A state machine is a bit like a Rube Goldberg contraption. Something happens, which causes something else to happen, and so on. One of the first state machines I ever saw was made with timing motors and poker chips. A ringing phone would start the motors and the poker chips would push microswitches to start a tape player, then a tape recorder, and it made a crude answering machine. Our FPGA-based state machines will be more flexible and not quite as kludgy, but the principles will be the same.
Let's take a really simple example. Suppose you have a machine that puts air in car tires at a gas station. There's a compressor, a timer, and a coin slot. When a quarter comes in the coin slot, you start the compressor and the timer. When the timer expires, you turn off the compressor. That's pretty simple, and you could probably do that with just some ad hoc logic. However, it could be a state machine. You'd only have two states: Off and On. When you are in the off state, you watch for a coin. When you see one, you go to the On state, turning on the compressor and the timer. Then you watch for the timer and when it fires, you turn everything off and go back to the off state.
A state diagram -- one we will look at in the Bootcamp -- might look like this:
You might think that example isn't very useful, but consider this: What if next month, the price of air goes up to 75 cents and the coin slot will tell you if you got a quarter, a dime, or a nickle? Now it is harder to change an ad hoc design. What if while in the on state, the customer can add more coins to get more time in proportion to the coin they deposit? These would be easy things to handle in a state machine-based design.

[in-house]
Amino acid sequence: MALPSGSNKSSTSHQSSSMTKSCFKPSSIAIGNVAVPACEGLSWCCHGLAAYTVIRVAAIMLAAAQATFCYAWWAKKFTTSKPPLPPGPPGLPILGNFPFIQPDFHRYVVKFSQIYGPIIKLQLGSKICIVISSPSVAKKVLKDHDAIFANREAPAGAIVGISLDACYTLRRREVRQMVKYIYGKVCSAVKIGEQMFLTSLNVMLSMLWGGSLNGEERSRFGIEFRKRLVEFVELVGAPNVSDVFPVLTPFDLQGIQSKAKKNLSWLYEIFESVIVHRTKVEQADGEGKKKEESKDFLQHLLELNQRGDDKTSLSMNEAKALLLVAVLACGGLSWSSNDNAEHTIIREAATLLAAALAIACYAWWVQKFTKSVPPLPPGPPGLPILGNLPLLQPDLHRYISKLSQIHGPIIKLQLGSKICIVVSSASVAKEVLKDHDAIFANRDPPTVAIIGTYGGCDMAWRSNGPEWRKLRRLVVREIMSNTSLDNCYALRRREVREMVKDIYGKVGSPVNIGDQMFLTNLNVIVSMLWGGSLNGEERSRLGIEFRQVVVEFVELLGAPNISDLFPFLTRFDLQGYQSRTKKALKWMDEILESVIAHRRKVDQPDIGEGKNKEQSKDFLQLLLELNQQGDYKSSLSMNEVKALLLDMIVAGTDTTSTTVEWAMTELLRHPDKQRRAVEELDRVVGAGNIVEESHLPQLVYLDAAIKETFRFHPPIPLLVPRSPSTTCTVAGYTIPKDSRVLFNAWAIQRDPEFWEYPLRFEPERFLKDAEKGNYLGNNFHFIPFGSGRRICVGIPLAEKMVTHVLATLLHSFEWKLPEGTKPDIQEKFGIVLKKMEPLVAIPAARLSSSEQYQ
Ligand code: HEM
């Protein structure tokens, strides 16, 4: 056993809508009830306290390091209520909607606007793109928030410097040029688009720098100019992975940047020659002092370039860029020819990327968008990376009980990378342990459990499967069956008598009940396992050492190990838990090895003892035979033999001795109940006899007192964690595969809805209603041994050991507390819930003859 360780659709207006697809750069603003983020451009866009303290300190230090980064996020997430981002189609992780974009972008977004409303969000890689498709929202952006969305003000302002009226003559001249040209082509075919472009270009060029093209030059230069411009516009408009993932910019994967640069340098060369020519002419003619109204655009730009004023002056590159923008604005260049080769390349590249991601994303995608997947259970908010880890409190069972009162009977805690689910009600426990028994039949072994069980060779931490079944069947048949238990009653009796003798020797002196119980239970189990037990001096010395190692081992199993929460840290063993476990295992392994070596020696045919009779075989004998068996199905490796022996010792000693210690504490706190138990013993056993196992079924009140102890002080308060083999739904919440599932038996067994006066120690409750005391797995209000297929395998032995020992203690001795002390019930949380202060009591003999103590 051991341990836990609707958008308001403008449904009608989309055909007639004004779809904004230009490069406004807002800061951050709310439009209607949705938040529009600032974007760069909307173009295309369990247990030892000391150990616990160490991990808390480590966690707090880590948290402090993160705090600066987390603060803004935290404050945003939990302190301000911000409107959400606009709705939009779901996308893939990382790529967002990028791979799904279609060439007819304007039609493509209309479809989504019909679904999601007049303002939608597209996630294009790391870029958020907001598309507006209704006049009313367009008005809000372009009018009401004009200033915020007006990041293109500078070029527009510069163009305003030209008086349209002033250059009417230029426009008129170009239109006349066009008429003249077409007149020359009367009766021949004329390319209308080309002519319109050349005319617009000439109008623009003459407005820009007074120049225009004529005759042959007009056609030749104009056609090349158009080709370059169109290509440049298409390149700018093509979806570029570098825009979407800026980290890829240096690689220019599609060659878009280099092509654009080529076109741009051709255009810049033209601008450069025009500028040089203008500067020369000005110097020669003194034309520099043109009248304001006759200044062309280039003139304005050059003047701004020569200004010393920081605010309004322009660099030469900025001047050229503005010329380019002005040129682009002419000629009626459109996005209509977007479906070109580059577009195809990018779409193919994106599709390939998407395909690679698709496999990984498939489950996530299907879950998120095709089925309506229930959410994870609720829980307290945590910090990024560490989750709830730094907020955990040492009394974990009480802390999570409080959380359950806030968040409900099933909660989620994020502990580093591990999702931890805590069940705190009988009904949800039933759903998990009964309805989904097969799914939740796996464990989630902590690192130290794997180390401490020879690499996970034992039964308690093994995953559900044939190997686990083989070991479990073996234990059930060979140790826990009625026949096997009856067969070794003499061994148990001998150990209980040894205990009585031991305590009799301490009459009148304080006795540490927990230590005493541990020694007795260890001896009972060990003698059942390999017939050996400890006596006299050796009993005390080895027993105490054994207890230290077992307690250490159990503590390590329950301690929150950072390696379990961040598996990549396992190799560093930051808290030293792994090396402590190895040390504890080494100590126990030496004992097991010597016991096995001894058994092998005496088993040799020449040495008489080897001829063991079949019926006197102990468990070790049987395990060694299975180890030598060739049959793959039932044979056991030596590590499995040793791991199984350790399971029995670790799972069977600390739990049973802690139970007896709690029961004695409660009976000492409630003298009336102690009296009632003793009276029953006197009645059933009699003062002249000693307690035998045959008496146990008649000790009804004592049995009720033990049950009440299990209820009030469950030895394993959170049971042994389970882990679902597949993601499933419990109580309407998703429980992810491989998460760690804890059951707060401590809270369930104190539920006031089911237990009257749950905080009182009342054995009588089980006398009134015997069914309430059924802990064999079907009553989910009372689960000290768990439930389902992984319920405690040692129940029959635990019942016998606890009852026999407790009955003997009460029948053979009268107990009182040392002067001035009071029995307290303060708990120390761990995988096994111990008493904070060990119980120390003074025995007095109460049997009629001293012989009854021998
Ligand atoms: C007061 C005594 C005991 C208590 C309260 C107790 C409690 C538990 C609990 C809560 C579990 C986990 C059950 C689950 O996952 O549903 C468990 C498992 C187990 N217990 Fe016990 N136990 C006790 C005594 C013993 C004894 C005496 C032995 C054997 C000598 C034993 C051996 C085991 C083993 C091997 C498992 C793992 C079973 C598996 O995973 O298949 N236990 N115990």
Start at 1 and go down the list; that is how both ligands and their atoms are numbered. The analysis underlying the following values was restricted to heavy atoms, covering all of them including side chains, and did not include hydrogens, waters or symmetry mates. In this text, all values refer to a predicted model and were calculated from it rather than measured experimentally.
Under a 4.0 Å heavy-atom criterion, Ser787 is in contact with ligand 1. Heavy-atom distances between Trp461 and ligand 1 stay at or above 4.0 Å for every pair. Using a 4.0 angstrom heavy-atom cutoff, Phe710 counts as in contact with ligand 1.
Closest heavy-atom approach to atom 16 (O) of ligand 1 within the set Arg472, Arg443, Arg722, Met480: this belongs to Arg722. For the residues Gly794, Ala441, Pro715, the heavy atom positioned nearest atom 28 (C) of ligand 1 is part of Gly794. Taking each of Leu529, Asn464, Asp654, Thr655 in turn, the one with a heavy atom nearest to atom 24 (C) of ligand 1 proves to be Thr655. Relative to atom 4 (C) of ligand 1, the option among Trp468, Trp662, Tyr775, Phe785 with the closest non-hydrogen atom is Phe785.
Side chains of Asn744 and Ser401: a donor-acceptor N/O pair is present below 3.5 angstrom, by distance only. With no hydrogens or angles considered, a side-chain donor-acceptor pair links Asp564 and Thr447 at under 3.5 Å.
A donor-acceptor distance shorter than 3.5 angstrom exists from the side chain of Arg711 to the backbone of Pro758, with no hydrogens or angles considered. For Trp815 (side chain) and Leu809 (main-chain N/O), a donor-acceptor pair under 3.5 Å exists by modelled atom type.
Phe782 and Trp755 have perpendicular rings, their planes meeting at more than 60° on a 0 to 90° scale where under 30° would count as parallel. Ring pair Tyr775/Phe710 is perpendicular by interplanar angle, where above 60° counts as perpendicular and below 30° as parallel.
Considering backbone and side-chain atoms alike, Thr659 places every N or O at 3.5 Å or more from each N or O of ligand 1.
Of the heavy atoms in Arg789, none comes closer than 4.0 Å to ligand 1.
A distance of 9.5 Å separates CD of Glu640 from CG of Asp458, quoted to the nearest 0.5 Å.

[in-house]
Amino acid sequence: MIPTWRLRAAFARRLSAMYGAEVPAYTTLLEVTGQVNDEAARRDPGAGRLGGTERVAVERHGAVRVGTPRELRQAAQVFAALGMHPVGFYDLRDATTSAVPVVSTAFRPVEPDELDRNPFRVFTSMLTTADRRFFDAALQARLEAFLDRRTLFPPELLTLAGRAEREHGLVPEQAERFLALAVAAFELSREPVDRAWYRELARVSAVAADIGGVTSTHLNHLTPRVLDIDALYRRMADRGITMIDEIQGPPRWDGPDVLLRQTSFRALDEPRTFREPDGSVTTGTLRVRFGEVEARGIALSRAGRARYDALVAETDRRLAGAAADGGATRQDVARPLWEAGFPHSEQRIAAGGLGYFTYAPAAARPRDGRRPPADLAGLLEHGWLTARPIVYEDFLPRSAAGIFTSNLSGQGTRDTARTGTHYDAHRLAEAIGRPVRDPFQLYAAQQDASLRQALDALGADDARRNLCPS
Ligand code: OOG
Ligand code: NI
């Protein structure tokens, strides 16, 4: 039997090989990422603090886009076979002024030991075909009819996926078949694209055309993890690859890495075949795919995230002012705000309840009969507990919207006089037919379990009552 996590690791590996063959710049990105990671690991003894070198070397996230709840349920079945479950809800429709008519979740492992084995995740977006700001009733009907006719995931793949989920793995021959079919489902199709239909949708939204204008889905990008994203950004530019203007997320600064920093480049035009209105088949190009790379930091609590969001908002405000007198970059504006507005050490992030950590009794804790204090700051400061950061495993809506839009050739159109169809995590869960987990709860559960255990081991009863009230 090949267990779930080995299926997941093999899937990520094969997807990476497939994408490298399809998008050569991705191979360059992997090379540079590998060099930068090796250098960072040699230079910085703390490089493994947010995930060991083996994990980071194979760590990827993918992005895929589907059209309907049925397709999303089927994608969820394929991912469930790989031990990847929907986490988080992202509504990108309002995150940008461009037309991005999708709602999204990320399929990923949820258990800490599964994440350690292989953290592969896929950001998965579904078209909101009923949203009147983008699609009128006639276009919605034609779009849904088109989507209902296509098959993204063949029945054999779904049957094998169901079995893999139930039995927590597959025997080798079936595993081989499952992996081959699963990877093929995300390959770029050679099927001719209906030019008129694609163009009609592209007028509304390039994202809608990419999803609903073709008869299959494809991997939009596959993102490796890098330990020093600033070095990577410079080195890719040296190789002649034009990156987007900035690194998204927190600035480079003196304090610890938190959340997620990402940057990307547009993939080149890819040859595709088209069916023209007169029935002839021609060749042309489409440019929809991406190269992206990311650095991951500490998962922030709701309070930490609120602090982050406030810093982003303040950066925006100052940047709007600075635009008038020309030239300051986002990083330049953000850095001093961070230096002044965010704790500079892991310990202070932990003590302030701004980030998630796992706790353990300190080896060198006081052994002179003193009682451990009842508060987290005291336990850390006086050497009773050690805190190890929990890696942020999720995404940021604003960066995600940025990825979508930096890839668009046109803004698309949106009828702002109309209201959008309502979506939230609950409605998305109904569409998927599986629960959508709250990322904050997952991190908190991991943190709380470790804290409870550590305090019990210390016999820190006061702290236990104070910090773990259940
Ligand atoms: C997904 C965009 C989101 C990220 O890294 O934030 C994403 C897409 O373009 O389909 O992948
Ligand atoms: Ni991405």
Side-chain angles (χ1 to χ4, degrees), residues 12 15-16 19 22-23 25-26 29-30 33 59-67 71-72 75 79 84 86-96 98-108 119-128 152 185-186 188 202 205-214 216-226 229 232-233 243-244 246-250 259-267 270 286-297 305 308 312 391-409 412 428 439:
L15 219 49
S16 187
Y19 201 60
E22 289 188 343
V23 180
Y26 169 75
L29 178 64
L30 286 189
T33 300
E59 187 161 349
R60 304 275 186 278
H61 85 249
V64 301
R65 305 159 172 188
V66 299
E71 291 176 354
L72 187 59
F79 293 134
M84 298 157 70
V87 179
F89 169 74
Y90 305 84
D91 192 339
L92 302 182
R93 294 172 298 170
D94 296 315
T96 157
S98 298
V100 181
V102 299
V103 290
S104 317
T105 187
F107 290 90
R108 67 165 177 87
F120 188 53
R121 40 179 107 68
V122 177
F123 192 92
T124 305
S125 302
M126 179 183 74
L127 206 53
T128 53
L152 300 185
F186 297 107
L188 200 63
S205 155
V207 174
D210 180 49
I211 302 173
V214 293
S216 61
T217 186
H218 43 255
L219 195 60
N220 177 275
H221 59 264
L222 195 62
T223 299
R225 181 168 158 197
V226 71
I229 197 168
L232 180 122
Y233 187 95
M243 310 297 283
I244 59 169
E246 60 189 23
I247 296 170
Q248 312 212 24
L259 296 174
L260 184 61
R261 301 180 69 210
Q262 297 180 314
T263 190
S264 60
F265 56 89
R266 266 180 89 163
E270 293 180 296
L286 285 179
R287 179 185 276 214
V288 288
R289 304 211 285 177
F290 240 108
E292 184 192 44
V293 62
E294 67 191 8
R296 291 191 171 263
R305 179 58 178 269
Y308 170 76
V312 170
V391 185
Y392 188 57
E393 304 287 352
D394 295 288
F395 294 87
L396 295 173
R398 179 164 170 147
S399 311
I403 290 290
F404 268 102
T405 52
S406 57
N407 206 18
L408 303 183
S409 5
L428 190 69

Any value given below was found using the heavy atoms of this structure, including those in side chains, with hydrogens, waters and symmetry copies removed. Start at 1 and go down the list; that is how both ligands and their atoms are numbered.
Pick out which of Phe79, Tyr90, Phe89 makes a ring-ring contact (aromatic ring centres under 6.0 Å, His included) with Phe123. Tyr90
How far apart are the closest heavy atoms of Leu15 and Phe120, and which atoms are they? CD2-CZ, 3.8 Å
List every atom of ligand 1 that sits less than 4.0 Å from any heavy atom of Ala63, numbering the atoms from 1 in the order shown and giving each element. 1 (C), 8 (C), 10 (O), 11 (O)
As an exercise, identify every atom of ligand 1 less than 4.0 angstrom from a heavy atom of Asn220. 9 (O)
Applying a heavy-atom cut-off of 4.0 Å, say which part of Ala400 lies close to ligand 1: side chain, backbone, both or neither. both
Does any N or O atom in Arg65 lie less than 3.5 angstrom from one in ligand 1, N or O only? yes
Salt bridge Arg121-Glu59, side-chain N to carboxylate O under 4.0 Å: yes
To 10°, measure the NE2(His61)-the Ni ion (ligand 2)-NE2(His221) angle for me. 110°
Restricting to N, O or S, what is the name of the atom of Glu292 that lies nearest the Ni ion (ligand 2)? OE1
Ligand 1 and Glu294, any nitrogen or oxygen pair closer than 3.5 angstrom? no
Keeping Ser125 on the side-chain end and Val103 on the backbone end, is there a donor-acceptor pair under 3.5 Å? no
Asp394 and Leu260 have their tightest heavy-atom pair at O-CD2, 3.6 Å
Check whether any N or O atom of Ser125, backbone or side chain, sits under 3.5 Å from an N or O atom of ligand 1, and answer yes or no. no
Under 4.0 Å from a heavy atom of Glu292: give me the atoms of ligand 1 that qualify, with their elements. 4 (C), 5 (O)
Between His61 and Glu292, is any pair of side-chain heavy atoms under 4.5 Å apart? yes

You might think this is very different than using a CPU, but if you think about it, a CPU is just a very large state machine itself. Each instruction causes it to do different things depending on inputs and the previous state. Very few of our state machines will be that complex, though, unless you are building a CPU.
For this bootcamp, we'll assume you understand Verilog and the fundamentals of FPGAs. If not, you are in luck, because this bootcamp is part of a series:
|Bootcamp 0||Covers basic digital logic concepts with simulations|
|Bootcamp 1||Introduction to FPGA coding and simulation with combinatorial logic|
|Bootcamp 2||More FPGA coding and simulation with flip flops (sequential logic)|
|Bootcamp 3||Working with actual FPGA hardware|
|Bootcamp 4||State Machines (this bootcamp)|
If you aren't comfortable with the basics, you can check out those bootcamps first and then return to this one when you are ready.
To start, look in the step-by-step instructions to learn about state machines with some hands-on exercises. You'll also find background articles in the project logs. You might want to browse them first and refer back to them as you work through the steps. The logs also have a glossary you can check for any unfamiliar terms.